A mature QA process provides clear procedures for managing project risks, the toughest of them being missed deadlines and unhappy customers. However, many teams consider it a complex effort that only takes up valuable time that could be put to better use, for example, more detailed product testing. So, does it mean that the QA process maturity is just a chit-chat? We’ve decided to explain our point of view using a painful real-life example, where establishing a mature QA process was the last resort. Lets see if it worked.
Process-less project: Pains and no gain
The failure to comply with the expectations of the key stakeholders urged the project team to rethink their approach and consider setting up a QA process to have relevant project risk management procedures in place. The project team decided to concentrate on testing (QC) as the key quality goalkeeper. But to evaluate testing in detail and devise an improvement plan, they had to have an external QA audit. This is where our QA consultants stepped in.
External QA audit
Having examined the project’s pitiful state, our specialists decided to go for a tried-and-true approach that would facilitate further process maintenance efforts for the project team. We studied the possible options and decided to use the Test Process Improvement model (TPI), the most user-friendly one, to evaluate the testing process.
The TPI model provides 20 key areas (points of reference) with checkpoints (clear descriptions of features that need to be up and running to rank for a particular maturity level). The team evaluated each key area and ranked it by the maturity level A – D, where A was the lowest maturity level and D the highest.
Each key area falls into fourteen scales of maturity:
- Controlled (Scales 1 – 5)
- Efficient (Scales 6 – 10)
- Advanced (Scales 11 – 13)
Unfortunately, the TPI table brought to light several critical issues:
- Faulty in-team communication. The development and testing teams often missed or ignored the key stakeholders’ project requirements and worked ad-hoc.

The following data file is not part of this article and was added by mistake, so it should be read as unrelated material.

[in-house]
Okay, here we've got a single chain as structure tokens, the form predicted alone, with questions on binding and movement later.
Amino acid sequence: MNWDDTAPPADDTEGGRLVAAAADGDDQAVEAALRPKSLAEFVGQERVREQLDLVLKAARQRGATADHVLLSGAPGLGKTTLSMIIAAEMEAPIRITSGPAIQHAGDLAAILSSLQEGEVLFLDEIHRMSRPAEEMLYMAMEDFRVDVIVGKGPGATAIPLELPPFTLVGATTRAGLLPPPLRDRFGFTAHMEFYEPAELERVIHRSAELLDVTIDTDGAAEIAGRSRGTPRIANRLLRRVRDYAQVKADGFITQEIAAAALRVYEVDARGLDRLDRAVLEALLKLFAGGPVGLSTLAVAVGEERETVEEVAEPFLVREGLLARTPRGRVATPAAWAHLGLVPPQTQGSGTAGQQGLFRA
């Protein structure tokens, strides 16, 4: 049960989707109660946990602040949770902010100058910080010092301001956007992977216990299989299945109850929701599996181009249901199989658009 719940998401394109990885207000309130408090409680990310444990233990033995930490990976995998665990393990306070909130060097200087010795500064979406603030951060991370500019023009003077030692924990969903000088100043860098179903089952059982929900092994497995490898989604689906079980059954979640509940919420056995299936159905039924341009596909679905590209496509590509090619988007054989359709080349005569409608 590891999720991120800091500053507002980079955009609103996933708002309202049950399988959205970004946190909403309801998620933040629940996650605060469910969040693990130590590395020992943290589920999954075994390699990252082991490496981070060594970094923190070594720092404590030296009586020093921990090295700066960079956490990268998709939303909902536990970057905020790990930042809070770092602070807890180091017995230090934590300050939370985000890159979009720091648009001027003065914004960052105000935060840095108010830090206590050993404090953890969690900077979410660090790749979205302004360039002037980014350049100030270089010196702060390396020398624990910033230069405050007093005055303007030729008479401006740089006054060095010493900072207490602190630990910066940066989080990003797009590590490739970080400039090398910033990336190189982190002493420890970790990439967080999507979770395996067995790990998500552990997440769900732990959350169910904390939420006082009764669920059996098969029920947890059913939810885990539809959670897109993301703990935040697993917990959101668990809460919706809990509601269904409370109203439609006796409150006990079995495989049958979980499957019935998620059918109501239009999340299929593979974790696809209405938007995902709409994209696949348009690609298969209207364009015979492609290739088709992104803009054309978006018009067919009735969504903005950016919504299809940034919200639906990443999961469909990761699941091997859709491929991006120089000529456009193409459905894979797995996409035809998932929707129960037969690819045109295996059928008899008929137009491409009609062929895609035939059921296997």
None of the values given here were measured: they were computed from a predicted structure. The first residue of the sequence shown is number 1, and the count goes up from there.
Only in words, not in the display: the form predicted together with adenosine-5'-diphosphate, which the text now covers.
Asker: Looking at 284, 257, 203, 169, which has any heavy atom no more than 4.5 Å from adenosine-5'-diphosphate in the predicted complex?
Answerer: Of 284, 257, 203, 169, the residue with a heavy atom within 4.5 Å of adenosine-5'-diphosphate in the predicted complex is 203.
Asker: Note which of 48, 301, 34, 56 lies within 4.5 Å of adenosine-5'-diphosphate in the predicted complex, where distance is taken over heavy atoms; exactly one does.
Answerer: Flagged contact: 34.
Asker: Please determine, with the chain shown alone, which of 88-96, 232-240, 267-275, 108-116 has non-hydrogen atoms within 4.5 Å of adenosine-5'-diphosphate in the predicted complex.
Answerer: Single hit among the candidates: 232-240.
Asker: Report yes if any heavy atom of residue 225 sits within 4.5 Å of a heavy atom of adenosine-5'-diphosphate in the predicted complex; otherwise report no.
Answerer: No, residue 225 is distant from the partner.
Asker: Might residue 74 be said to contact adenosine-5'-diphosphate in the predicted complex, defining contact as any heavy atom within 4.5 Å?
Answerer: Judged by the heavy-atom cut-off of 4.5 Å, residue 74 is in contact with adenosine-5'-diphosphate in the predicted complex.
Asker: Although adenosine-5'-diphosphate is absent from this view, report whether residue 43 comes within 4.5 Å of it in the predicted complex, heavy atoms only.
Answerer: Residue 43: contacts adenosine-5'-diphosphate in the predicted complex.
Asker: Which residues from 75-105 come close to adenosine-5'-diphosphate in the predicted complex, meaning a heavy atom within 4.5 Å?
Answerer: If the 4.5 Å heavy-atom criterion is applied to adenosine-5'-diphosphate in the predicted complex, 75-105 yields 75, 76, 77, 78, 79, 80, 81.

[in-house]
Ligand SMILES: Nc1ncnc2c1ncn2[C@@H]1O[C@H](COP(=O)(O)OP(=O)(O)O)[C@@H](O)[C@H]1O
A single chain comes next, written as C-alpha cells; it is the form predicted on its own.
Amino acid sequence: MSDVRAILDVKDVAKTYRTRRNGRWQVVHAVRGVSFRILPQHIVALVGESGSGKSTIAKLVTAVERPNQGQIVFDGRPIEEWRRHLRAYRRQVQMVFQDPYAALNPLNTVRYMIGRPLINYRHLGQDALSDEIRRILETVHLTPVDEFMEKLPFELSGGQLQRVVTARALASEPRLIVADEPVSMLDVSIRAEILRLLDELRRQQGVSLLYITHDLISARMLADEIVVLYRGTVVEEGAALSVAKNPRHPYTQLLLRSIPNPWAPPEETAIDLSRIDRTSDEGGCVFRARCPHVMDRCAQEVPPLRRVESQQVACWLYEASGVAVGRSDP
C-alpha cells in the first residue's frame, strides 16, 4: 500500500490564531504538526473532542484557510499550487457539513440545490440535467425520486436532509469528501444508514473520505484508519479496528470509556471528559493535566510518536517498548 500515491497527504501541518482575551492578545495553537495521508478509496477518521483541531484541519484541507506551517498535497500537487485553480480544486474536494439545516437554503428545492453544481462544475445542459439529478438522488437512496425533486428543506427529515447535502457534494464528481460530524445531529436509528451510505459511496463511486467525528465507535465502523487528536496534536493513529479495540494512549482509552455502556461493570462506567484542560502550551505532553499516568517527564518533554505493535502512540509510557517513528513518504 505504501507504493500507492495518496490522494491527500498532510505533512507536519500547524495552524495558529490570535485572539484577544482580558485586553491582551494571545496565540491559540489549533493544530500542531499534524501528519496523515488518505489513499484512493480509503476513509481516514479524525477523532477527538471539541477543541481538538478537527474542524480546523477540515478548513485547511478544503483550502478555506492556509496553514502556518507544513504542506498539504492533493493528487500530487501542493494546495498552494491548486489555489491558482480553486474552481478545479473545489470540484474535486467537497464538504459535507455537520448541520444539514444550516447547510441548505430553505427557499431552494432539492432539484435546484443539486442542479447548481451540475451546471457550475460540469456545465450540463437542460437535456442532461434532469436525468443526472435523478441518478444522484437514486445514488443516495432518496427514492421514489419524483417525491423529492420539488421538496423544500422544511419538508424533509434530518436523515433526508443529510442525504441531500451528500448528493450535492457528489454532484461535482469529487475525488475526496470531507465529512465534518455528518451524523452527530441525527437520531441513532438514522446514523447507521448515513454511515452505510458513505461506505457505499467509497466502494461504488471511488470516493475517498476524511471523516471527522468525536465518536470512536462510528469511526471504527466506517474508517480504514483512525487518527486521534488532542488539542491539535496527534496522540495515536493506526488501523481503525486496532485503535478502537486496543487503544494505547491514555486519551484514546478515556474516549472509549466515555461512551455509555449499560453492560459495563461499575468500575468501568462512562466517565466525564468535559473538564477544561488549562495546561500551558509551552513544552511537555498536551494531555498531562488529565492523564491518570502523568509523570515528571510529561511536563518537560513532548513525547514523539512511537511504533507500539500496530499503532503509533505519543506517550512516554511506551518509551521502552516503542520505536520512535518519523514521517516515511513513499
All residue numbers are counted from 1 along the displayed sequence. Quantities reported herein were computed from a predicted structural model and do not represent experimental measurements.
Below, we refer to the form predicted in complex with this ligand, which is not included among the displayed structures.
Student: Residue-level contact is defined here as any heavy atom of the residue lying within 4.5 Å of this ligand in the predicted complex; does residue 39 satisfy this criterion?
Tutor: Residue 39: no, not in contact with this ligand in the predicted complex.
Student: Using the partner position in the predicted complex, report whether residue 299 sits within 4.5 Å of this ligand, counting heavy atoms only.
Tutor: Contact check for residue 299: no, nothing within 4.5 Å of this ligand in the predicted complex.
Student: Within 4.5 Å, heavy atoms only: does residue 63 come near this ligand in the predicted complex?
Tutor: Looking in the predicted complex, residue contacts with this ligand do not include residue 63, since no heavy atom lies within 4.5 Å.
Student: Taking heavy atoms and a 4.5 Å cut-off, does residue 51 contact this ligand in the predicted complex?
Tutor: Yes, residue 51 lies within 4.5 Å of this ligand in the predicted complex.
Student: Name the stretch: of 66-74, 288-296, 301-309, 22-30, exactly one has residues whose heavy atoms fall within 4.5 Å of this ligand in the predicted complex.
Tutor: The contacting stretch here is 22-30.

- Lack of regression testing. Testing engineers simply tested the features delivered in the iteration, ran regression testing occasionally and without updating the test suite with regard to product changes.
All these issues resulted in growing technical debt and overall quality worsening (regression).
Improving the QA Process Maturity
To improve QA process maturity, our team offered a range of enhancements in problematic areas revealed by the TPI table:
- Ensuring quality communication throughout the project team. We continuously urged the testing team to discuss the project requirements with the BAs and the developers, preview the possible changes and adapt to them. Those communication practices helped improve the testing team’s awareness about the changes that were on the way. Hence, from then on testers wrote better test cases that specifically targeted these changes.
- Improving test coverage and traceability. The testing team’s attitude to this matter was split: the majority of testers rebelled against detailed reporting, and only two testers supported the measure. So we offered to run an experiment: the majority continued to work ad-hoc, and the minority documented their testing efforts and the procedures they followed. And the results were not long in coming. The two newcomers, who joined the testing team during the active phase of the QA process improvement, were able to get down to work after a two-day training session that involved studying the process documents that the two testers had developed describing the work in detail. At this point, detailed reporting ceased to raise complaints and was adopted throughout the testing team, which ensured timely test suite updates and traceability.
So, did the time and efforts we invested in improving the QA process maturity pay off? Absolutely.
Improved QA process: Output
Thanks to the dedicated efforts to increase the QA process maturity, the project team improved:
- Communication within the team that helped improve understanding of quality risks throughout the team
- Testing process and traceability that facilitated reporting and project get-in
Thanks to the improvements introduced, the project team leaped from Ad-hoc (Scale 0) to Controlled (Scales 4-5) maturity level with no plan to freeze. Maturity goes hand in hand with continuous improvements, and that’s the approach the team decided to adopt. After all, the TPI model contains 20 areas to work on, and as the team has already developed a taste for a mature QA process, we hope they will continue to improve it.
About the Author
Boris Shiklo, CTO at ScienceSoft, is responsible for the company’s long-term technological vision and innovation strategies. Under his supervision, the company’s development team has successfully fulfilled complex projects of over 80,000 man-hours in Healthcare, Banking & Finance, Retail, Telecommunications, Public Sector and other domains. Boris Shiklo has a solid background in IT consulting, software development, project management and strategic planning.